|“’Maleness’ can be experienced in different ways and to some extent, be effected by the social class and subcultures from which a boy or man resides.”|
|-Pamela Nilan, 2000|
Defining “healthy masculinity” may mean something different for each of us. However, the men and women comprised within the newly organized Iowa Men’s Action Network view healthy masculinity as those core principles which promote and enhance the beliefs and actions of men to more fully nurture, love, and embrace their human potential – especially with others.
When fathers model nurturing, caring, and loving behavior to their sons and daughters, we believe he demonstrates healthy masculinity. When a husband or boyfriend shares his hopes, dreams, fears, and insecurities with his wife or partner, we believe he acts within the realm of what constitutes healthy masculinity. When a teammate or co-worker chooses to confront a sexist comment or an objectifying portrayal of women and girls among his peers, we believe he embraces the basic tenets of healthy masculinity.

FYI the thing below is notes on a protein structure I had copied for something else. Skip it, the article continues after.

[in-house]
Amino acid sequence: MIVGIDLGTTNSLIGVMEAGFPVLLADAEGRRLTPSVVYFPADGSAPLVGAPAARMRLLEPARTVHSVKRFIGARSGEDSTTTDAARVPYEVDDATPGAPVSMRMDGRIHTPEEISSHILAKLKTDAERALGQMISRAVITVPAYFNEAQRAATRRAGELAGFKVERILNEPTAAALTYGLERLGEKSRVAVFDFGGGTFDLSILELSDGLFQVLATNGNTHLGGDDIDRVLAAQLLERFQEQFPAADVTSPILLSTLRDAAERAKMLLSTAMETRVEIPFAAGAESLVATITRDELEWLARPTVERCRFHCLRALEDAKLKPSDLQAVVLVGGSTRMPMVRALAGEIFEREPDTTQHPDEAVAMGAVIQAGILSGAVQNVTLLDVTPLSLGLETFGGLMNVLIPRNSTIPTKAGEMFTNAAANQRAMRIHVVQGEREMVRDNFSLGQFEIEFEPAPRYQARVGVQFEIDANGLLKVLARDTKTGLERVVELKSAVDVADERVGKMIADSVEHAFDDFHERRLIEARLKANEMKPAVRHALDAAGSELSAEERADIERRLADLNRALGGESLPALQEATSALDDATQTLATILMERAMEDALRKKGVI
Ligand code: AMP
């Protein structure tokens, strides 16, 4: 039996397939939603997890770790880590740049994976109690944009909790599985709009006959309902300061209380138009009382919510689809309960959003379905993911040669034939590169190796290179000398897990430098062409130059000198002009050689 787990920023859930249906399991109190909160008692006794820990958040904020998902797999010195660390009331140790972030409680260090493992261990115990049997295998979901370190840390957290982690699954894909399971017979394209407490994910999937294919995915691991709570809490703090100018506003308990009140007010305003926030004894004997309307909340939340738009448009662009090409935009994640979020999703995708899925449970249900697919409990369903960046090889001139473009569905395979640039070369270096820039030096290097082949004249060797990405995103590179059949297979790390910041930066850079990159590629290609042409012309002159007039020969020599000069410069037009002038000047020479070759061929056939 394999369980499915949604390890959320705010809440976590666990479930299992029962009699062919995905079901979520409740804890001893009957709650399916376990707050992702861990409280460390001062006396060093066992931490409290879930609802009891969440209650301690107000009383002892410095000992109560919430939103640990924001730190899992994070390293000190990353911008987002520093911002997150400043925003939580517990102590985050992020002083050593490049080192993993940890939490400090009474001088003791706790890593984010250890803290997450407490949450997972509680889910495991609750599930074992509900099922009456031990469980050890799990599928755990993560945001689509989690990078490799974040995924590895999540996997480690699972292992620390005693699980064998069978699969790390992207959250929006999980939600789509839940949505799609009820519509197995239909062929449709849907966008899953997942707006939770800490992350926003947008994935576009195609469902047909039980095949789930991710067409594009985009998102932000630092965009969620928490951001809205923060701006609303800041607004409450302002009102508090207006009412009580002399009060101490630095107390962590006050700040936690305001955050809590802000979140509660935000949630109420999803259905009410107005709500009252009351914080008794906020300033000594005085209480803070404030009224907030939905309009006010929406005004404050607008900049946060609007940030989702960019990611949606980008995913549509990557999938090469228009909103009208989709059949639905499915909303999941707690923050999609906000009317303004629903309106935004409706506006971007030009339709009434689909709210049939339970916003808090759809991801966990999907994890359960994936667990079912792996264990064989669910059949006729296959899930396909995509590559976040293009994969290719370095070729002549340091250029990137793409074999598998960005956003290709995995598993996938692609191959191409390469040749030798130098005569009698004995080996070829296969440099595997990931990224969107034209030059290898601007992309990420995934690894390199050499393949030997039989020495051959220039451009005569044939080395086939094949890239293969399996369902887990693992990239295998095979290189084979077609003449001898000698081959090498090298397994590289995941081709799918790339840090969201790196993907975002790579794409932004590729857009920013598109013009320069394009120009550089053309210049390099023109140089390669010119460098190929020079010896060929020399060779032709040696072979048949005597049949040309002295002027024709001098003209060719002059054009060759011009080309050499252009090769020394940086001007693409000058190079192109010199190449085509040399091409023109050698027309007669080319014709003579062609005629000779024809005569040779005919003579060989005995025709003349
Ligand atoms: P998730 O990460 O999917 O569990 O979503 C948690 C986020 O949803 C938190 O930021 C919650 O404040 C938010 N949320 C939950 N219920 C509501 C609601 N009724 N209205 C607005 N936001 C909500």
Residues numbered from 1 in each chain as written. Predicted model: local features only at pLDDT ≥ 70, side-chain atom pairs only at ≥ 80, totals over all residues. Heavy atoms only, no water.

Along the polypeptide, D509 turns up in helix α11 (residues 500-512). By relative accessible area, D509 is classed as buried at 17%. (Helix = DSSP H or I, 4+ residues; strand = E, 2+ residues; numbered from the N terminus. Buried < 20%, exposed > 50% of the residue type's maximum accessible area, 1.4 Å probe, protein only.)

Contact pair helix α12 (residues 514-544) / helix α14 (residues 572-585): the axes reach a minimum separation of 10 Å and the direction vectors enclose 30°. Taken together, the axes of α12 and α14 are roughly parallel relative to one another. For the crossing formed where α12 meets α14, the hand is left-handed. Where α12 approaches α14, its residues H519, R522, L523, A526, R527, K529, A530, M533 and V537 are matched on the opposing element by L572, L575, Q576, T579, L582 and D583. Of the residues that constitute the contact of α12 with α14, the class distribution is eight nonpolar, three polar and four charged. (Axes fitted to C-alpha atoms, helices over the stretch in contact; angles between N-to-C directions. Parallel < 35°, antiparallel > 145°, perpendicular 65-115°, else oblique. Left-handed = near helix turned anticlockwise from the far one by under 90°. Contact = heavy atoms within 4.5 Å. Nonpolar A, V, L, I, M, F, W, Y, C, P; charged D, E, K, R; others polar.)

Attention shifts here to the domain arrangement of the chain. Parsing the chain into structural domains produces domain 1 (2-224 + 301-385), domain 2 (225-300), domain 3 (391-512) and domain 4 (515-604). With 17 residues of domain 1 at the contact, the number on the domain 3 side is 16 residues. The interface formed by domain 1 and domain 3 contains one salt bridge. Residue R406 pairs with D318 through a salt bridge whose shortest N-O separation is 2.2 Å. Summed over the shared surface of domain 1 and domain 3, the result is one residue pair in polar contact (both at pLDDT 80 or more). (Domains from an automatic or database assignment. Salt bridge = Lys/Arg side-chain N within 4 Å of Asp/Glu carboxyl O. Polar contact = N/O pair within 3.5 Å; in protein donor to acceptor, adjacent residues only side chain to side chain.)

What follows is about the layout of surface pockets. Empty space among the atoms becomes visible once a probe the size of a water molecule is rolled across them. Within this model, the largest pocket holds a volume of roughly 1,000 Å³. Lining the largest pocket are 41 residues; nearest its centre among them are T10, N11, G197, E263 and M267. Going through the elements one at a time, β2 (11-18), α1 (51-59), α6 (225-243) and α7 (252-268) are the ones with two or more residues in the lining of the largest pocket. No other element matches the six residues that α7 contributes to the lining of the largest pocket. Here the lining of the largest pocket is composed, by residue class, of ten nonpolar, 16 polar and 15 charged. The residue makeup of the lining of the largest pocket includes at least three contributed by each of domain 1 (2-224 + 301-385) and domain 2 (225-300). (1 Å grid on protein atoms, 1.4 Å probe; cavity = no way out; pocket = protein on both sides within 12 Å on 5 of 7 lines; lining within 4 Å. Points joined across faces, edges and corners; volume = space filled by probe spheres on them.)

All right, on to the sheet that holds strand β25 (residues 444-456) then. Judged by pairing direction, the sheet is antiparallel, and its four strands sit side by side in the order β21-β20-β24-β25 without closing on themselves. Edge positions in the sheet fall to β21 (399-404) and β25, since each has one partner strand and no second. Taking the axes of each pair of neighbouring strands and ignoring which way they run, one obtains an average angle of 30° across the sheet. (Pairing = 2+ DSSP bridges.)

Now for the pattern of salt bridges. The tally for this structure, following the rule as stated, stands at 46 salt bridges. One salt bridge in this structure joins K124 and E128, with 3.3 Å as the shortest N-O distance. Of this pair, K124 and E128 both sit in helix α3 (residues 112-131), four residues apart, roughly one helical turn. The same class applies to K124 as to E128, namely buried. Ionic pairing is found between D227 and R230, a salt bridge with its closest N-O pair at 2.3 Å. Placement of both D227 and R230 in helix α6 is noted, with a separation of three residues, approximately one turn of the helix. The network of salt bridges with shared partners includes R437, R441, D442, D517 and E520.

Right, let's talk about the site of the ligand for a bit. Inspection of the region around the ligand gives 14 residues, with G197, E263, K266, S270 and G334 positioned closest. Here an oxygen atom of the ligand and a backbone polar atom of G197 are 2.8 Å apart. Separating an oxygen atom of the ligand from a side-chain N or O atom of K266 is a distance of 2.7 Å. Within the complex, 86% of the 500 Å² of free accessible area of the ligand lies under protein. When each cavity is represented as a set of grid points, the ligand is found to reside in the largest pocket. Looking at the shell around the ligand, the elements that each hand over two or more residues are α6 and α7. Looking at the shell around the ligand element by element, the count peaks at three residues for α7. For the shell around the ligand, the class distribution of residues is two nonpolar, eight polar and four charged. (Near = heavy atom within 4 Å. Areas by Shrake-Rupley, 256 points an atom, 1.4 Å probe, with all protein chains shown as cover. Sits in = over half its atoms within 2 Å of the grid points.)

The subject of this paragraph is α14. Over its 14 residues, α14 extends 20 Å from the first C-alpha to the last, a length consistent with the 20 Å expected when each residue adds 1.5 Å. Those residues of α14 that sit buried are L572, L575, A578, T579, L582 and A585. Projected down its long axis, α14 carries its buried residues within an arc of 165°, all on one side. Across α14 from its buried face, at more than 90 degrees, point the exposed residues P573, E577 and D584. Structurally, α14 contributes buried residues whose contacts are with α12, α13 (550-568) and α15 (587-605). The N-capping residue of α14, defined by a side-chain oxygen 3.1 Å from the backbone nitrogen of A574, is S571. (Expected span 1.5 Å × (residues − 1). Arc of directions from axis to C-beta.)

All of these characteristics, and more, are essential if we are to see an end to men’s violence against women and girls in our homes, in our communities, and in our great state. As members of the Iowa Men’s Action Network, we cling to the notion that being a “real man” requires all men to take a stand and to speak out against sexism, racism, inequality and injustices at every level of the social spectrum in which we navigate and reside.
The Macho Paradox, Jackson Katz, Sourcebooks, Inc., 2006
Boys Will Be Men, Paul Kivel, New Society Publishers, 2000
Men’s Work: How to Stop Violence That Tears Our Lives Apart, Paul Kivel, Hazelden, 1992
Season of Life, Jeffrey Marx, Simon & Schuster, 2003
Ending Violence in Teen Dating Relationships, Al Miles, Augsburg Books, 2005